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Initial Impressions


Looking at the game, it is beautiful and the pieces are large enough for young players to grasp without trouble.  The rules are basically 1.5-2 pages long, lots of pictures, so it was fairly easily grasped. I missed one crucial setup step though (very easy to overlook) and had to start over.  After that, it was a breeze.

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Game Build Quality


All the components are top-notch.  The dice are larger than standard with rounded edges and painted.  The boats are thick, high-quality cardboard with wooden sailors attached.  The player pawns are wooden, painted in different colors. The cards are standard playing card stock.  The coins are average thickness but well-constructed.

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Artistic Direction


The artwork is great.  It is consistent between the rulebook, box, and components, though I wish more of the components were more detailed to fit along with the artwork.  The pictures of people and such are a little cartoon-y but serves the age range well.

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Fun Factor


As an adult, I think the fun factor is low as the game is repetitive.  Yes, you get randomization from placing the boats, which Objective Cards you have, and where the items are located on the boats… BUT each game feels like the last, nothing new being offered, even when using the advanced variant cards.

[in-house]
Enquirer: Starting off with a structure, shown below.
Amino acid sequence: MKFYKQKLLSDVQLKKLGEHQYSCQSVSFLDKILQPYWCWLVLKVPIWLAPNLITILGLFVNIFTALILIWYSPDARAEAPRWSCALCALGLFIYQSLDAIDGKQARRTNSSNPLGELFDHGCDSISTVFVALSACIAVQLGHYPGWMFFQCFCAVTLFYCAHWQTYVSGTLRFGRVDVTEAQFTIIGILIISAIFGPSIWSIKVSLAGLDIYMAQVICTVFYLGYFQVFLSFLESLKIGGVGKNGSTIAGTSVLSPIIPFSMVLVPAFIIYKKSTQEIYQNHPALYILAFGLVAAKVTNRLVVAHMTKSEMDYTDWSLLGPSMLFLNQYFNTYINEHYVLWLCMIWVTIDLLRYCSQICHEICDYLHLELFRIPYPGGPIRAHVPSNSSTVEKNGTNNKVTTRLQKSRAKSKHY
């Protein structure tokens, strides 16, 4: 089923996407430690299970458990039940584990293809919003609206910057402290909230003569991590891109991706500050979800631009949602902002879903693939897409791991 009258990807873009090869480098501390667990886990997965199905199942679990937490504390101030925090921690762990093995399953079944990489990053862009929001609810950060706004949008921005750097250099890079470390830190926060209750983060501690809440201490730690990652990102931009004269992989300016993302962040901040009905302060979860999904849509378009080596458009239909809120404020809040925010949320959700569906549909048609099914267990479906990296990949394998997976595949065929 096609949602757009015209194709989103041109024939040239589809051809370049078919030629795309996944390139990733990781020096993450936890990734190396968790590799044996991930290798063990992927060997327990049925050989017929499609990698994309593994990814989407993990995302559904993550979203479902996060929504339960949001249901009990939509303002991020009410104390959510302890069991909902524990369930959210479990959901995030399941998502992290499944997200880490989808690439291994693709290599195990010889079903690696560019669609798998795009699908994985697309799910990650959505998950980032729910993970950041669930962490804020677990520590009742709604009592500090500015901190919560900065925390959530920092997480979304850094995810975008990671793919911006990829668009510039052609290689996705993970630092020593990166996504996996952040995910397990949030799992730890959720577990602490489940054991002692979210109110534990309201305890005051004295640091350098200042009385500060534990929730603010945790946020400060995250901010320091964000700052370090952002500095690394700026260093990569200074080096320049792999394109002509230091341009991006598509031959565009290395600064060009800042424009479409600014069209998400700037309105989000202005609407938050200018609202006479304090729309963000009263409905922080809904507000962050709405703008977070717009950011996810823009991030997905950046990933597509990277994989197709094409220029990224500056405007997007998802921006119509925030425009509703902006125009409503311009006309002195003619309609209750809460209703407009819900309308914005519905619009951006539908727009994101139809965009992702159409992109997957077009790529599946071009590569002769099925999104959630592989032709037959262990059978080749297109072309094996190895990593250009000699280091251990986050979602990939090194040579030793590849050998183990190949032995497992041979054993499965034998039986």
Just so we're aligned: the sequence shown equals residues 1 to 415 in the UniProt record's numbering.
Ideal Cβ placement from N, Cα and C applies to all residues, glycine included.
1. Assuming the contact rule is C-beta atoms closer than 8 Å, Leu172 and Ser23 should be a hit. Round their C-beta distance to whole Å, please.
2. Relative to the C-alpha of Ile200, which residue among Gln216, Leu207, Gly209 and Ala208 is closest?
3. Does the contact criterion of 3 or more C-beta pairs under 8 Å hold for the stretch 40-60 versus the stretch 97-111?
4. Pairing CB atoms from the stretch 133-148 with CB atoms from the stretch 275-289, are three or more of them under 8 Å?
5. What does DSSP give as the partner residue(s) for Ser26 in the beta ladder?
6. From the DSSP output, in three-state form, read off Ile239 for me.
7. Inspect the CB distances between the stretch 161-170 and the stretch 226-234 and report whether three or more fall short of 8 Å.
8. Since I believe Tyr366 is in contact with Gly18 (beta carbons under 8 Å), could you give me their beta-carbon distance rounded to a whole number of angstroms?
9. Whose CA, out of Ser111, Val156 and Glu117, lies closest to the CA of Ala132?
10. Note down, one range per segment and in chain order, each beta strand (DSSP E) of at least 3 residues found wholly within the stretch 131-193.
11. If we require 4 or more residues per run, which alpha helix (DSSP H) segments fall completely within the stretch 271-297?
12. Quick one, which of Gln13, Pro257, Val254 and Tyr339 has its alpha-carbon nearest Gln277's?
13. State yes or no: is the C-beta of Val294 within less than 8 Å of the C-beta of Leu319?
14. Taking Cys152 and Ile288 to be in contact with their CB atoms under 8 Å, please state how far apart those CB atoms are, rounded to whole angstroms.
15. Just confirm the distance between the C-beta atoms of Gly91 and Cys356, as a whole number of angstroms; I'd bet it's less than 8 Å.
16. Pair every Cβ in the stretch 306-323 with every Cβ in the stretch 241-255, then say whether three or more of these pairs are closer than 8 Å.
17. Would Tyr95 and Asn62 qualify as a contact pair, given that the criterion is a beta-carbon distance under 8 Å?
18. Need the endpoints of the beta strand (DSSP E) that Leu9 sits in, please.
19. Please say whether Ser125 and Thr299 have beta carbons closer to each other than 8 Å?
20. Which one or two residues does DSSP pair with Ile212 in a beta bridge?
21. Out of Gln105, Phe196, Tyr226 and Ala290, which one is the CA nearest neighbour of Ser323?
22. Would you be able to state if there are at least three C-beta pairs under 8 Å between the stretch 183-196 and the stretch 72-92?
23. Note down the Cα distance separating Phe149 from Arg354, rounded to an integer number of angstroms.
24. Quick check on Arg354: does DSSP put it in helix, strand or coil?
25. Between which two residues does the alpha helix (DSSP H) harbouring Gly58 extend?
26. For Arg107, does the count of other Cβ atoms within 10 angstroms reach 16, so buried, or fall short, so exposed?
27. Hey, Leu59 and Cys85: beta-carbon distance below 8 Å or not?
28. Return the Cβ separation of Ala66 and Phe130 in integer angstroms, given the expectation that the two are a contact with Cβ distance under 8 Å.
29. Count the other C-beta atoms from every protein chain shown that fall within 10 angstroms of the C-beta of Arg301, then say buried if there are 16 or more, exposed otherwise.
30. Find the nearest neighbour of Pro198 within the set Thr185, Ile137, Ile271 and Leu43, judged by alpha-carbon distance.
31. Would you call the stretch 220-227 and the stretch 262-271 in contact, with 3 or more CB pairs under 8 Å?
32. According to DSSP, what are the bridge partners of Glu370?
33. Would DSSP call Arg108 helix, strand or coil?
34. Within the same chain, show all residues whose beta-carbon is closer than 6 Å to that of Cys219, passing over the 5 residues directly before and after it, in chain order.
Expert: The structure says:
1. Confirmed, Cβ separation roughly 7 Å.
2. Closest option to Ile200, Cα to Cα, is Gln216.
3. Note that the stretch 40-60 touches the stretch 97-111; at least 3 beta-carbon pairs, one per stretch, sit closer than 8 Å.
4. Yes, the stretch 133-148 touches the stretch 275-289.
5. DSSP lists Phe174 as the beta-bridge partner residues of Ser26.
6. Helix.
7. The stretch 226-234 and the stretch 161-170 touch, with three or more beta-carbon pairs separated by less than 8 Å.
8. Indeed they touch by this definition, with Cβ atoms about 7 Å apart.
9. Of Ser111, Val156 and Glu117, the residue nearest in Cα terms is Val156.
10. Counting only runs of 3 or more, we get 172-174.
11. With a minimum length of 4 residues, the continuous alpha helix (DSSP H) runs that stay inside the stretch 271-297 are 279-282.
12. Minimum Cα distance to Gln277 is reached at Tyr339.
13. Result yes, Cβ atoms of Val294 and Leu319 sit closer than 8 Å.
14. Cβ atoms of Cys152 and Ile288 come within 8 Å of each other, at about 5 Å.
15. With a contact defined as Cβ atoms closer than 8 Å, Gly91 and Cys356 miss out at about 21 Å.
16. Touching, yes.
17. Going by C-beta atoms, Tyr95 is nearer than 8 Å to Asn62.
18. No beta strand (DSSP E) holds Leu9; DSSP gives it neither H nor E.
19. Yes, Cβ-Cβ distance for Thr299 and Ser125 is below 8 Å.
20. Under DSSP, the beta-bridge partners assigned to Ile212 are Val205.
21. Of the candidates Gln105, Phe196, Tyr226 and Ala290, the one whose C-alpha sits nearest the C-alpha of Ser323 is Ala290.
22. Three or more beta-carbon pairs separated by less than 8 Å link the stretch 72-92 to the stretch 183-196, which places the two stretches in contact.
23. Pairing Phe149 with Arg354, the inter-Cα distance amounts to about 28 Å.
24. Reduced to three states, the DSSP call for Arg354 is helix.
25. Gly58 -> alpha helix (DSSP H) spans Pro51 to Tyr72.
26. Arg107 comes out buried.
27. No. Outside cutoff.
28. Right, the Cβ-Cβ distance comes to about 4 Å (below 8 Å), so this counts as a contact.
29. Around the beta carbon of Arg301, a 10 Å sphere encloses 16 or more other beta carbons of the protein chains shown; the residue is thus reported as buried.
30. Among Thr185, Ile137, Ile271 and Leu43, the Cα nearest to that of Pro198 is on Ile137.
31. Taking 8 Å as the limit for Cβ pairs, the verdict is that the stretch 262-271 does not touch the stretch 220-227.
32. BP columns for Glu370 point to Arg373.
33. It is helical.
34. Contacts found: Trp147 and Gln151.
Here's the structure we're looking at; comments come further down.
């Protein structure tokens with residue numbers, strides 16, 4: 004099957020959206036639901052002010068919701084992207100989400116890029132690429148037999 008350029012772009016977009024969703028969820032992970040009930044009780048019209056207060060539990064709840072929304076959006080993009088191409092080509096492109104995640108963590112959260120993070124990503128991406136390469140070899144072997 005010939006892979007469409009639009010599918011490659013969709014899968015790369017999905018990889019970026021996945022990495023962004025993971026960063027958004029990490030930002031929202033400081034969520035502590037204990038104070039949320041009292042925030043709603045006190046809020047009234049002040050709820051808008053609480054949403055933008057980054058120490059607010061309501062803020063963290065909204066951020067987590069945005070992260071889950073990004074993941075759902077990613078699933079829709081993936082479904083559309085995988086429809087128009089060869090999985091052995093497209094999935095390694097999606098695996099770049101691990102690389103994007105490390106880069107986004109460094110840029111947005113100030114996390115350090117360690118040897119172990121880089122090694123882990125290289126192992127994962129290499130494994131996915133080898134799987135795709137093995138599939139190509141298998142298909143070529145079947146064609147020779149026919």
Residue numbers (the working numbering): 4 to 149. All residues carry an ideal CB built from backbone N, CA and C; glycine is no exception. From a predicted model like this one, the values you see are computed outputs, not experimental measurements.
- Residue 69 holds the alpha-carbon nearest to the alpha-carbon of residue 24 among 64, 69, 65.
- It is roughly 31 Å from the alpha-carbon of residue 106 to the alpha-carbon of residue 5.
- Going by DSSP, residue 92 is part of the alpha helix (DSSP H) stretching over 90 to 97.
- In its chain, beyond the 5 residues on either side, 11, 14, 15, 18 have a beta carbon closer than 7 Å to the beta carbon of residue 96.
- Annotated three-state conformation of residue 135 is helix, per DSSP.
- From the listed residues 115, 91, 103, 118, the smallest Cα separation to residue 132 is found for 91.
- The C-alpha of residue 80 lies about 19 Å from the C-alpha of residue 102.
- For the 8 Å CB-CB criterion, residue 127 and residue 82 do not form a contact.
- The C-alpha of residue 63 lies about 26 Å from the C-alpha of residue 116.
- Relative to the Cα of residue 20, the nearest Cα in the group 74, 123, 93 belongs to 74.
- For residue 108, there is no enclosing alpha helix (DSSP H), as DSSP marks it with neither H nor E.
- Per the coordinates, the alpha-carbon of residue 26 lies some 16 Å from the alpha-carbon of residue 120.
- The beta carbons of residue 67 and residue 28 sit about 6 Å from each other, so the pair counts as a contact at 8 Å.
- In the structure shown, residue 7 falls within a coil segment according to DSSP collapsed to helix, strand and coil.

When it comes to kids though, I can see them getting a kick out of hopping along the boats and collecting the items.  It is a game that will teach them to think ahead and strategize what they are going to do to maximize each turn to collect the items in the fewest Movement Points possible.  Confrontation between players is only indirect in that you can only control the placement of the boats to benefit yourself/stymy your opponent.

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Age Range & Weight


Age range at 7+ is spot on for this game and could even go to 6.  The game is quick to set up, understand, and play. It requires some concentration about planning moves and paying attention to what the other players are doing.  So few rules and limited options for turn actions keeps the game with a low barrier to entry and light weight.

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Dragon Market is a good game aimed right at its target audience’s age — young players and their parents and friends.  The game is short enough that it could be played multiple times in a sitting by kids without too much attention fatigue.  It is easy enough that the younguns can teach their friends to play without really needing to refer to the rulebook. Other than the coins, the pieces are almost too big to lose.  It is something I can see getting a bit of play.